Howard was never fond of having to resettle. As his new house in Port Hope Simpson is being built, Howard is already hard at work ensuring he can keep his William’s Harbour property as a summer home.
“Had no choice but to go. What good would it be for me to stay here with no lights on and no payout,” said Howard, who turned 70 on Nov. 7. “But I’ll be back in the summer and in the fall for berry picking - I just got to get back.”
Known for its plentiful salmon, berries, and wild game like ducks, foxes and rabbits, William’s Harbour was an ideal residence for those who take joy in living off the land.
The town’s natural spring water has often been described as the best on the Labrador coast, and it will be dearly missed by all.
But with an aging population, the difficult task of getting to a hospital during times of sickness or emergency was strenuous. During the winter the only way out of William’s Harbour is via plane. With harsh winds and snowstorms common, weather is often not suitable for a plane to risk coming out.
Howard himself had a close call roughly ten years ago, when who awoke in the middle of the night with an aching pain in his chest. He soon realized he was having a heart attack, but the winds were too harsh for the plane to come down to rush him to hospital.
“The wind was blowing that hard, I was sure the plane was never going to come,” said Howard. “I called home and said, ‘Come over if you want to see me die, ‘cause with that state of it I’m not getting out of here’.”
After seven hours the wind died down enough for the plane to fly down and rush Howard to the hospital. For those long hours, Howard sat and waited at his kitchen table in agonizing pain - uncertain if the plane would ever arrive. Howard says the wait was that long he managed to smoke an entire pack of cigarettes.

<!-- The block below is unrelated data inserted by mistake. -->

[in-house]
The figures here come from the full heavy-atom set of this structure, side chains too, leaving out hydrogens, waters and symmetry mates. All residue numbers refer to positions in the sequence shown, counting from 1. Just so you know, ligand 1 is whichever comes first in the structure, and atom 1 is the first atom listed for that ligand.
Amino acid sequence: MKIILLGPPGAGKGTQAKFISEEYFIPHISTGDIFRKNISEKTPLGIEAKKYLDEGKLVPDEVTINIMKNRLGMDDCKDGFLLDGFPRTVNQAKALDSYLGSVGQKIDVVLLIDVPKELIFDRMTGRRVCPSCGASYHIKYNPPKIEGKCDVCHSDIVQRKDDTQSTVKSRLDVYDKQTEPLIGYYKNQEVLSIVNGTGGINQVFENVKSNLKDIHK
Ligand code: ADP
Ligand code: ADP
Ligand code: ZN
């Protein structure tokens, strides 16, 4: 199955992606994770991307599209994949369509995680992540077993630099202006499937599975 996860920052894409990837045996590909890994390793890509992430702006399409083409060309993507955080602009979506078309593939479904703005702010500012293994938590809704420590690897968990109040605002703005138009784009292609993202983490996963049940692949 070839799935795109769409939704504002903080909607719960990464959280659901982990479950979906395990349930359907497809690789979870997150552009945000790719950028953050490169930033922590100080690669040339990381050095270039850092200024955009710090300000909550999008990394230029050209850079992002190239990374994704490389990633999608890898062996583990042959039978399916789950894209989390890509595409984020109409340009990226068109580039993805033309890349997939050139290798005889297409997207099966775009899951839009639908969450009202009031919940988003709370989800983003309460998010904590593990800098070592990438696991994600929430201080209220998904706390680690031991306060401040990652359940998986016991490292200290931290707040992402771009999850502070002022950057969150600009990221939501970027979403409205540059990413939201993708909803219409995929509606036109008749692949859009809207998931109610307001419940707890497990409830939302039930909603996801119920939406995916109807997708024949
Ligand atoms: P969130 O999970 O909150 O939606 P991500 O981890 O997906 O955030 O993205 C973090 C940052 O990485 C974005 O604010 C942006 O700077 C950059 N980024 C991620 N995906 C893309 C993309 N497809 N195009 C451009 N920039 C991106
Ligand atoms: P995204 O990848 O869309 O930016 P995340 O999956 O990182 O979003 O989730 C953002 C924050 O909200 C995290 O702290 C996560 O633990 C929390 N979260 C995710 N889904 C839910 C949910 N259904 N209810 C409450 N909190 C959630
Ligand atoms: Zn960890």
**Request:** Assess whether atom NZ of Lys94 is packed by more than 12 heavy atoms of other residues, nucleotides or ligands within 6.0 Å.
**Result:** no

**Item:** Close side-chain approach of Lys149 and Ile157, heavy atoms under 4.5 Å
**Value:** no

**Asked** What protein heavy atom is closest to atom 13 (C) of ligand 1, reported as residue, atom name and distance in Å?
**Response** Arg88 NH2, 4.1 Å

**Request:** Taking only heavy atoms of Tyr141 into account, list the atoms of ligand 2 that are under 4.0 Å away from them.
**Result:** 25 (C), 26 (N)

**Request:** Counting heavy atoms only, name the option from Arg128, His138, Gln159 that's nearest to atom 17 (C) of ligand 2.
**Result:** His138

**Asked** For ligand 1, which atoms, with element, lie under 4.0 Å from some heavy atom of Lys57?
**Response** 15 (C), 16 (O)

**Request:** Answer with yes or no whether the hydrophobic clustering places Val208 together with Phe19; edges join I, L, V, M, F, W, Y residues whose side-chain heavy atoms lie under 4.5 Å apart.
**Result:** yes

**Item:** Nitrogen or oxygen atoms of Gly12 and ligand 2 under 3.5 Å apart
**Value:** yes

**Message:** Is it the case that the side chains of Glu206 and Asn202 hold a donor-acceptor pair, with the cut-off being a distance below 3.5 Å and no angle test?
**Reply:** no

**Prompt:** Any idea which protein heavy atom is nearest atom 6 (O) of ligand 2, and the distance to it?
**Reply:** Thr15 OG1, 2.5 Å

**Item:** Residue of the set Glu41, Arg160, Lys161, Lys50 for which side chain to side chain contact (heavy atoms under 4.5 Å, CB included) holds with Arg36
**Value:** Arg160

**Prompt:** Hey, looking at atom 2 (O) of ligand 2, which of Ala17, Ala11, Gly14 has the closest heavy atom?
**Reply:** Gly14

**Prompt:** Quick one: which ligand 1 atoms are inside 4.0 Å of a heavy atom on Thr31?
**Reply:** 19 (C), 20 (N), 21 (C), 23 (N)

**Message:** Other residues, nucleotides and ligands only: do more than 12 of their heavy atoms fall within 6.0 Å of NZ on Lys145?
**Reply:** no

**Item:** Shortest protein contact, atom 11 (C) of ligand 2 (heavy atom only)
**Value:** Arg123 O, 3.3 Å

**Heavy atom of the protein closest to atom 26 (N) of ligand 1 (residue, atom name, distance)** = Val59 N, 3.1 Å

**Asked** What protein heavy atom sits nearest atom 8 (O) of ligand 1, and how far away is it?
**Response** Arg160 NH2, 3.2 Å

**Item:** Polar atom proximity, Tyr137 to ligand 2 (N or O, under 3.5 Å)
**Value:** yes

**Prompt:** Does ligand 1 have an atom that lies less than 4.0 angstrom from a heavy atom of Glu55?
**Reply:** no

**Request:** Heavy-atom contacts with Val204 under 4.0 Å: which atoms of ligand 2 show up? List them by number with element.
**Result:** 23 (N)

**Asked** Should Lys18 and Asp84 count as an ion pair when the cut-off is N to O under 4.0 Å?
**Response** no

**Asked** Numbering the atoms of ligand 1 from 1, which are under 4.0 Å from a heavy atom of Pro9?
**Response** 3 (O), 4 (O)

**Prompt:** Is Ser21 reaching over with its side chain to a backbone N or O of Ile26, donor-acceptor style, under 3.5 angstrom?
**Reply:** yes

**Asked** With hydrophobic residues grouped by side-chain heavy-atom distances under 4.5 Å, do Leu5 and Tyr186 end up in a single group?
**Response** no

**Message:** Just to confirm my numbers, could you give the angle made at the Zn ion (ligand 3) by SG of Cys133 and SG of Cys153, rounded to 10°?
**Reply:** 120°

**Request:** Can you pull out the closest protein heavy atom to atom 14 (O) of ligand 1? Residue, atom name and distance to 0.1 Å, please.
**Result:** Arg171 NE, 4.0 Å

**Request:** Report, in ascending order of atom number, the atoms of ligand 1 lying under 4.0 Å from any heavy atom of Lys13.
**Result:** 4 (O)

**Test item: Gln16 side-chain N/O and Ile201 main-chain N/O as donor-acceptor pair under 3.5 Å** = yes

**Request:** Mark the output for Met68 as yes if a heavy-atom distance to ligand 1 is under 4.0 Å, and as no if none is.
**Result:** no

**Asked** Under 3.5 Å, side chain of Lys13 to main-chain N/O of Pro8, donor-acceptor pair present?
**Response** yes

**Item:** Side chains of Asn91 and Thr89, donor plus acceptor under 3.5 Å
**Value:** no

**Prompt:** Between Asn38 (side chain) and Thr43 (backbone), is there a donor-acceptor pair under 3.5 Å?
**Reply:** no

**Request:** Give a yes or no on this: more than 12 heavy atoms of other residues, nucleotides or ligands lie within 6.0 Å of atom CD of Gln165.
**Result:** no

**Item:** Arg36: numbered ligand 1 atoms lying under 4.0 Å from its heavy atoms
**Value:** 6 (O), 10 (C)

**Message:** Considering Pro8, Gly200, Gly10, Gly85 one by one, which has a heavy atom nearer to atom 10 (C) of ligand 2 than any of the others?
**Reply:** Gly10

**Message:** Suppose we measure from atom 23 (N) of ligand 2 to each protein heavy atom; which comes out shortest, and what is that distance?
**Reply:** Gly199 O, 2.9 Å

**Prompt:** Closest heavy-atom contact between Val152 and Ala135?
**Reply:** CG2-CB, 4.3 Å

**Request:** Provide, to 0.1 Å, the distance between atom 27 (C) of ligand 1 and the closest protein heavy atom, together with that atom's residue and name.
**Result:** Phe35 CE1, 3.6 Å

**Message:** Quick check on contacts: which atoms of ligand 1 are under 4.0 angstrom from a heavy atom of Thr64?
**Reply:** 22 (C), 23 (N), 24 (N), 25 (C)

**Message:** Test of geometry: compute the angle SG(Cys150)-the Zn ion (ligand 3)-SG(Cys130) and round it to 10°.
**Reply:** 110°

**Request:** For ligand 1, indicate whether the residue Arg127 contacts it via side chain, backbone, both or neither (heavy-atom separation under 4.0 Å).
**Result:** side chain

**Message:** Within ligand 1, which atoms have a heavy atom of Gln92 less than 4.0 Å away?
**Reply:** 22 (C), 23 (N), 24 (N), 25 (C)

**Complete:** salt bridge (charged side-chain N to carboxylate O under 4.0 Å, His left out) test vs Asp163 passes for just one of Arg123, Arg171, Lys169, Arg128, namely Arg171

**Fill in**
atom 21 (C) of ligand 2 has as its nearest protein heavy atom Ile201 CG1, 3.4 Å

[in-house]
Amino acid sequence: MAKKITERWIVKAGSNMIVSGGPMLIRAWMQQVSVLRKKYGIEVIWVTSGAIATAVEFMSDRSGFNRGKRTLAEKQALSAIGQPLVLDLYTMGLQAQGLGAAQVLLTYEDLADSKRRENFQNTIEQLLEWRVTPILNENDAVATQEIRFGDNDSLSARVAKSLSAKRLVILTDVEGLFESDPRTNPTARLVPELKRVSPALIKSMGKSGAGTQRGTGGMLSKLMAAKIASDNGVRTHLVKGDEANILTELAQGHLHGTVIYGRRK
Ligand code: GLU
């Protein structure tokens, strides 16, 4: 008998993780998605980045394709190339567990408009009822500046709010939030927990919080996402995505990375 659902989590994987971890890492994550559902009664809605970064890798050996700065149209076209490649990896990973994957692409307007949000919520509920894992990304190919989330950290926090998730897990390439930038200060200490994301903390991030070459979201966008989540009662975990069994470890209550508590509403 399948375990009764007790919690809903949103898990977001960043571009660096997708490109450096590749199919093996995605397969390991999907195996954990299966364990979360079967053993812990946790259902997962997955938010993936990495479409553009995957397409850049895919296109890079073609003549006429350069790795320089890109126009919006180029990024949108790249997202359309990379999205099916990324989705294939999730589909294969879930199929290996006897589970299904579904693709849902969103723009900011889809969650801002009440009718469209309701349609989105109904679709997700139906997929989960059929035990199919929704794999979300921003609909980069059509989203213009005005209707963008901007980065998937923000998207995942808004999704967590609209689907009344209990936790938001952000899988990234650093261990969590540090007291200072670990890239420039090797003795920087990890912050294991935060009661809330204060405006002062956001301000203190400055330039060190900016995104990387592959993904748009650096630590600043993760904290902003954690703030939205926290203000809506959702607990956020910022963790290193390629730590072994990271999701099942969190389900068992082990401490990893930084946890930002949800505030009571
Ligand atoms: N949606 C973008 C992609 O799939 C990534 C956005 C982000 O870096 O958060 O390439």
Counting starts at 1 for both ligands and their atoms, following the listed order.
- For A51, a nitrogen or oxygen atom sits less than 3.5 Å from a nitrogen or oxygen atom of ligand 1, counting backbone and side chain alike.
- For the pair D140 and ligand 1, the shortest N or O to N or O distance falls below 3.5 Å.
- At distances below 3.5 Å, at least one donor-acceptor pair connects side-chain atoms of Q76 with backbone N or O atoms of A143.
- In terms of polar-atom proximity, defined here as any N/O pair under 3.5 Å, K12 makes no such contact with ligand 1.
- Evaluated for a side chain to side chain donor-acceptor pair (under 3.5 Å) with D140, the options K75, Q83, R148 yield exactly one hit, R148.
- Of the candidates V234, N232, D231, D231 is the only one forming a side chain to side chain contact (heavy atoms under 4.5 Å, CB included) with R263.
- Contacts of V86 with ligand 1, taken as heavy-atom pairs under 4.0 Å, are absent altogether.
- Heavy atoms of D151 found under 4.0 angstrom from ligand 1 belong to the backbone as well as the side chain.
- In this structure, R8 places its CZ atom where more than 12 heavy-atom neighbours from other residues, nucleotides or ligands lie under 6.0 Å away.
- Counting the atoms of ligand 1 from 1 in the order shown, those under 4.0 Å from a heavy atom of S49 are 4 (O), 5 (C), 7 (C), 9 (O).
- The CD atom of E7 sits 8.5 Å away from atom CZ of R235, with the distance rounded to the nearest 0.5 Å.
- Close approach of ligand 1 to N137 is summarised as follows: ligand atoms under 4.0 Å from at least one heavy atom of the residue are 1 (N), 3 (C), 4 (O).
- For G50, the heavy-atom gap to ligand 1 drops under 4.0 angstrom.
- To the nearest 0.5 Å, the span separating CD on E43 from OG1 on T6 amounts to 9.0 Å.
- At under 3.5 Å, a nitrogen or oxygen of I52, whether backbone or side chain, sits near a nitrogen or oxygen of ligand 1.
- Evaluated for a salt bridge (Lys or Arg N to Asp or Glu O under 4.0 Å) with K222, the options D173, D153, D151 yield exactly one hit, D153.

Impact of Reg
Their brother Reg Russell passed away in 2015. He had been feeling unwell, and just as a boat to take him to hospital was leaving the William’s Harbour wharf he died of a sudden heart attack. It left a shattering mark on the family.
“When I wanted something done, Reg was always there for me,” said Howard. “When he died I wanted to leave; I almost did.”
Louise says Reg’s passing brought the issue of access to health care to the forefront of the community. It played a major role in the decision to resettle.
“When Reg died, it left a big impact on George,” Louise said. “He figured that was it then, it’s time to move on.”
Initially, the residents of William’s Harbour were given a deadline of Oct. 27 to find new homes and move out of the area before the electricity and running water were cut off. It was a date no one in the town approved of and it was soon extended to Nov. 10.
But with many heading to new homes that have hardly begun their construction phase, the time restraint has brought much frustration. The funding needed for the resettlement did not come through to the residents until less than two weeks before the November deadline.